The Panasonic LX2's bottom panel is reasonably flat, with a sliding door to access the combined battery and SD/MMC memory card compartment at the right of the camera, and a threaded metal tripod mount near the left rear corner. The tripod mount is positioned off-center from the lens, and is too close to the left side of the camera to provide a stable platform. That said, the tripod mount is far enough from the battery/memory compartment to allow quick changes while shooting on a tripod.

 

Panasonic Lumix DMC-LX2 External Controls


Shutter Button: Located on the right side of the Panasonic LX2's top panel and surrounded by the Zoom lever, the Shutter button sets focus and exposure when halfway pressed, and when fully depressed, it trips the shutter release. In Self-Timer mode, fully depressing the Shutter button triggers a two- or 10-second countdown before the shutter is released.

Zoom Lever: Surrounding the Shutter button, this lever controls the optical and digital zoom in any Record mode.

In Review mode, pushing the lever toward the "W" end activates a nine or 25 image index display mode, and also accesses a calendar display. Pushing the lever to the "T" end digitally enlarges a captured image as much as 16x. When playback zoom is active, pushing the lever back toward the "W" zooms back out.


Mode Dial: To the left of and slightly behind the Shutter button, this notched dial on the camera's top panel is used to select the Panasonic LX2's shooting modes as follows:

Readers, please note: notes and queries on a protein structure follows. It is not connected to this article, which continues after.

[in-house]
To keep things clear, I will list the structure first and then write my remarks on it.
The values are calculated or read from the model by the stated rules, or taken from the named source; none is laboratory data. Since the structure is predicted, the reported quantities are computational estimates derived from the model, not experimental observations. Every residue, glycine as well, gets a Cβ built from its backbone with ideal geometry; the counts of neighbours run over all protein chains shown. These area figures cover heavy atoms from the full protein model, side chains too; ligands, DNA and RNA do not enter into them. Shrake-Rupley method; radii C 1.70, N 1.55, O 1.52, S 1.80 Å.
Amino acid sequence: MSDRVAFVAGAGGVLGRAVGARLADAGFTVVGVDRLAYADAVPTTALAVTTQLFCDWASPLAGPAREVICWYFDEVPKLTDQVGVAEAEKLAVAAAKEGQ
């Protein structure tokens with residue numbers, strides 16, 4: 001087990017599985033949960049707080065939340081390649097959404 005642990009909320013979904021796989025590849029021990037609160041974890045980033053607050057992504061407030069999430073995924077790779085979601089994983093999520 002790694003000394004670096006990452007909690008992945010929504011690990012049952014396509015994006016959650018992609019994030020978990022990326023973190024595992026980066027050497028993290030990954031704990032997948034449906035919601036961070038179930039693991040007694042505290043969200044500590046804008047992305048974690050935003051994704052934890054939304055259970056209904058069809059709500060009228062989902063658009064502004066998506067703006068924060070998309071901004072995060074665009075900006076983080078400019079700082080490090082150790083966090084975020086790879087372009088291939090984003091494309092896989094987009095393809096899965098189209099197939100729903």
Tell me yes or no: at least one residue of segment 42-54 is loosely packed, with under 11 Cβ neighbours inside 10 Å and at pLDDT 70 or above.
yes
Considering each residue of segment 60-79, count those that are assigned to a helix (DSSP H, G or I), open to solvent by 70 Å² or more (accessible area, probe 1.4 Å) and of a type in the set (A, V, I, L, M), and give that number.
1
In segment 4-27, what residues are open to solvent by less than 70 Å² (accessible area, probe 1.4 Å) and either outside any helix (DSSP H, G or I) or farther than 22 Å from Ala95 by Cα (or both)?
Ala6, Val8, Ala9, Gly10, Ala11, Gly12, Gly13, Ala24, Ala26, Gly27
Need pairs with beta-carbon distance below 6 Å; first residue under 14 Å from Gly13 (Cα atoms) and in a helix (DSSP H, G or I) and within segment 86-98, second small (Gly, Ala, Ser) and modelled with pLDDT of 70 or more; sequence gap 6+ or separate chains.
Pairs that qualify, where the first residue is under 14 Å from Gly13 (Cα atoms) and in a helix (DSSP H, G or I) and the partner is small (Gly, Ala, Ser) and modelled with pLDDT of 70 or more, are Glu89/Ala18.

• Print Mode: Indicated by a printer icon on the Mode dial, this mode allows you to print images directly to a printer when the camera is connected to a PictBridge device.
  • Movie Mode: A filmstrip icon marks this mode on the Mode dial. Here, the camera records short movie clips with sound at either 4:3 or 16:9 aspect ratios. At 4:3, options include 10 or 30 fps at VGA or QVGA quality. At 16:9, options include 10, 15 or 30 fps. Recording time is limited only by the capacity of the SD card in the camera (and of course the remaining battery life). A handful of exposure controls are available in this mode, including exposure compensation, white balance, frame rate, AF mode, digital zoom, optical stabilization, and color effect. However, once recording starts, the aperture, optical and digital zoom, and focus are locked for the duration of recording.
  • Manual Mode: This mode, indicated by the letter "M," lets you control both the aperture setting and the shutter speed using the joystick to both select and set the control. When you half press the Shutter button, the aperture and shutter speed values turn red if the exposure isn't what the camera thinks it should be. Auto ISO is not available in this mode.
  • Shutter Priority Mode: In this mode ("S" mode), you control the shutter speed and the camera compensates with the aperture setting. When you half press the Shutter button, the aperture and shutter speed values turn red if the exposure isn't adequate.
  • Aperture Priority Mode: In this mode ("A" mode), you control the aperture and the camera compensates with the shutter speed. When you half press the Shutter button, the aperture and shutter speed values turn red if the exposure isn't adequate. Auto ISO is not available in this mode.